Over the last month and a half, news, rumor, and resources after the Dixie Fire took Greenville have been flying at Feather Publishing/Plumas News and we try to get information back out to residents as soon as we can double check the validity of items. Sometimes people send in just two sentences of information. Sometimes organizations have information to get out or homegrown resources to share. We want to be here for that.
At Plumas News we recognize that navigating a website with multiple stories a day can be hard to find.
So we are starting a new column specifically to deal with rebuilding in Greenville: Greenville Rising. We recognize also that residents all over Indian Valley, Indian Falls, and Canyon Dam have lost their homes and are interested in community redevelopment. This column is for all of us.
What do we need from you? Send us your tips, your event fundraisers, your resources you are sharing—anything having to do with the Indian Valley community rebuilding efforts and we will combine them into one article to be published weekly for the duration of rebuilding.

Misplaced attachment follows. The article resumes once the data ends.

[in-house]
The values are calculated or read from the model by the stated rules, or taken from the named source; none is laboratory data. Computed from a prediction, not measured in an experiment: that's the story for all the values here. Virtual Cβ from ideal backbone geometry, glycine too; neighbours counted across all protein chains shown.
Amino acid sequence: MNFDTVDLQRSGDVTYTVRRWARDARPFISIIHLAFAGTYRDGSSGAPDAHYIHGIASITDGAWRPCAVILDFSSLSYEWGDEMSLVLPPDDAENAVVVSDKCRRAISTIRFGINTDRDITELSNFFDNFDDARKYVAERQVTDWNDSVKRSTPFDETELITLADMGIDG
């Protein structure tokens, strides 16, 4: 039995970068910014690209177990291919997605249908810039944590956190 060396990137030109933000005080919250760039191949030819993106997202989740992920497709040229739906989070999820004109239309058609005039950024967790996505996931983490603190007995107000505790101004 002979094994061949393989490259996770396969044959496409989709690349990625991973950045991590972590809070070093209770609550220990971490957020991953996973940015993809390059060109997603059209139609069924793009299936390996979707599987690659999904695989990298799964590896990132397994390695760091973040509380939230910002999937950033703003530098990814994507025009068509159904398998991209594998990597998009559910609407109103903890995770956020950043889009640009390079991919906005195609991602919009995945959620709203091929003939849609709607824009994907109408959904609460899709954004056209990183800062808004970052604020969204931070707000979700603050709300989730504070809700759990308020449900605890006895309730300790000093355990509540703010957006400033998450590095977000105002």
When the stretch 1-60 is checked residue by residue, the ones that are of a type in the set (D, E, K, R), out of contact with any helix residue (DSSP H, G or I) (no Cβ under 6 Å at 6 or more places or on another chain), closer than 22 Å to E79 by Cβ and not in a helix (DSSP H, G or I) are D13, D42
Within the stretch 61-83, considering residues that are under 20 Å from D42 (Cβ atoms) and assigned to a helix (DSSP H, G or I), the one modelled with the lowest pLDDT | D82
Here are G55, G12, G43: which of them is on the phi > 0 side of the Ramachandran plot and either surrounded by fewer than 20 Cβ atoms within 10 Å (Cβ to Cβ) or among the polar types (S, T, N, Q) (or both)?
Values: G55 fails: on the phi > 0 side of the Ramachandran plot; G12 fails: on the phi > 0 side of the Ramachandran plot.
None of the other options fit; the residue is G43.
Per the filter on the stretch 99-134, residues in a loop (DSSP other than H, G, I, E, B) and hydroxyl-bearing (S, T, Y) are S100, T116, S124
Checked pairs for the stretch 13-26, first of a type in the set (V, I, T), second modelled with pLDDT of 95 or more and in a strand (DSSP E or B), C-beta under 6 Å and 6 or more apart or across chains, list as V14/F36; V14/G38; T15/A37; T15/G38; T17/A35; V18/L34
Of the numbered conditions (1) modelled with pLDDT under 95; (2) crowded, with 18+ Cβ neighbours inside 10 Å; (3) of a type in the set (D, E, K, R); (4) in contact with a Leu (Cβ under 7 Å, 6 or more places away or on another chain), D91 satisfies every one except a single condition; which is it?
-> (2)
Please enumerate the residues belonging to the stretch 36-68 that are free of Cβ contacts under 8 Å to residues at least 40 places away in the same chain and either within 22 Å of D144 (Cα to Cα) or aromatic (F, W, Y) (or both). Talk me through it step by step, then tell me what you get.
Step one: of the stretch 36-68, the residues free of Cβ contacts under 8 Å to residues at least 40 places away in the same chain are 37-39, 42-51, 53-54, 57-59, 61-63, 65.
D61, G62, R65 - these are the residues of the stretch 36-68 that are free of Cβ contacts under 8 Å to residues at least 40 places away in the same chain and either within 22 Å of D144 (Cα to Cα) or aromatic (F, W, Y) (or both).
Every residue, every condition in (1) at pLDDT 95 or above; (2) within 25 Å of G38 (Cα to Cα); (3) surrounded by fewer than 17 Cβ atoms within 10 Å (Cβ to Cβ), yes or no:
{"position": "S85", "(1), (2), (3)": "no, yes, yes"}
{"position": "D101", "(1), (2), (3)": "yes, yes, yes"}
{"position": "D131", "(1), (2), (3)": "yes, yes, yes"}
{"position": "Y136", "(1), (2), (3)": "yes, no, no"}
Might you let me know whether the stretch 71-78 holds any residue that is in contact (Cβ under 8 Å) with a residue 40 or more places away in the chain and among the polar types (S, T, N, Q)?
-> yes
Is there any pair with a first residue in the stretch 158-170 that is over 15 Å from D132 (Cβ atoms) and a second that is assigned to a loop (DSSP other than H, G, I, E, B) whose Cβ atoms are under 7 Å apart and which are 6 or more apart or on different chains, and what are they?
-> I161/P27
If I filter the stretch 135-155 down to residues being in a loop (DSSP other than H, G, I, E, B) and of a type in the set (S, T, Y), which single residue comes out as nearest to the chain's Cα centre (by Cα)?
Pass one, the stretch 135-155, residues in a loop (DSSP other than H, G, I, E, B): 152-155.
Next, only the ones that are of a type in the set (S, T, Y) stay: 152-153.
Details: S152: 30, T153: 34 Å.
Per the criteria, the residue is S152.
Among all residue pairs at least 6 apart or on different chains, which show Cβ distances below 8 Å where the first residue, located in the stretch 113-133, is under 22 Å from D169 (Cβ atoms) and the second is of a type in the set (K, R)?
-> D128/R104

While we do our best to glean through social media, we often can miss something, and of course not everyone has social media. Greenville Rising will give us all an opportunity to share information in one place. Please send your information to [email protected]. The column will appear either Monday or Tuesday of each week.
Week of September 21
Indian Valley Ambulance Service Authority Chairman Guy McNett reports that CareFlight Ground has begun re-establishing their ambulance crew quarters next to the heliport behind the old hospital in Greenville. “It’s an example of Plumas District Hospital’s commitment to healthcare in Indian Valley. Especially at a time like this, that commitment is much appreciated,” said McNett.
Community gatherings will be held at the Historic Taylorsville Hall every Friday, with social hour and potluck from 5 p.m. to 6 p.m. until further notice with time set aside for information sharing to follow.
“The purpose of these gatherings is to bring the community together to share and receive information regarding the future of our community,” said Kearns. Gatherings are open to anyone living in Indian Valley. Those interested in making presentations should call or text Dan Kearns at (949) 395-3694.
Amanda Meisenheimer, a notary in Quincy, has offered her services at no cost to those who’ve lost their homes in the Dixie Fire. Her call to help can be found on facebook.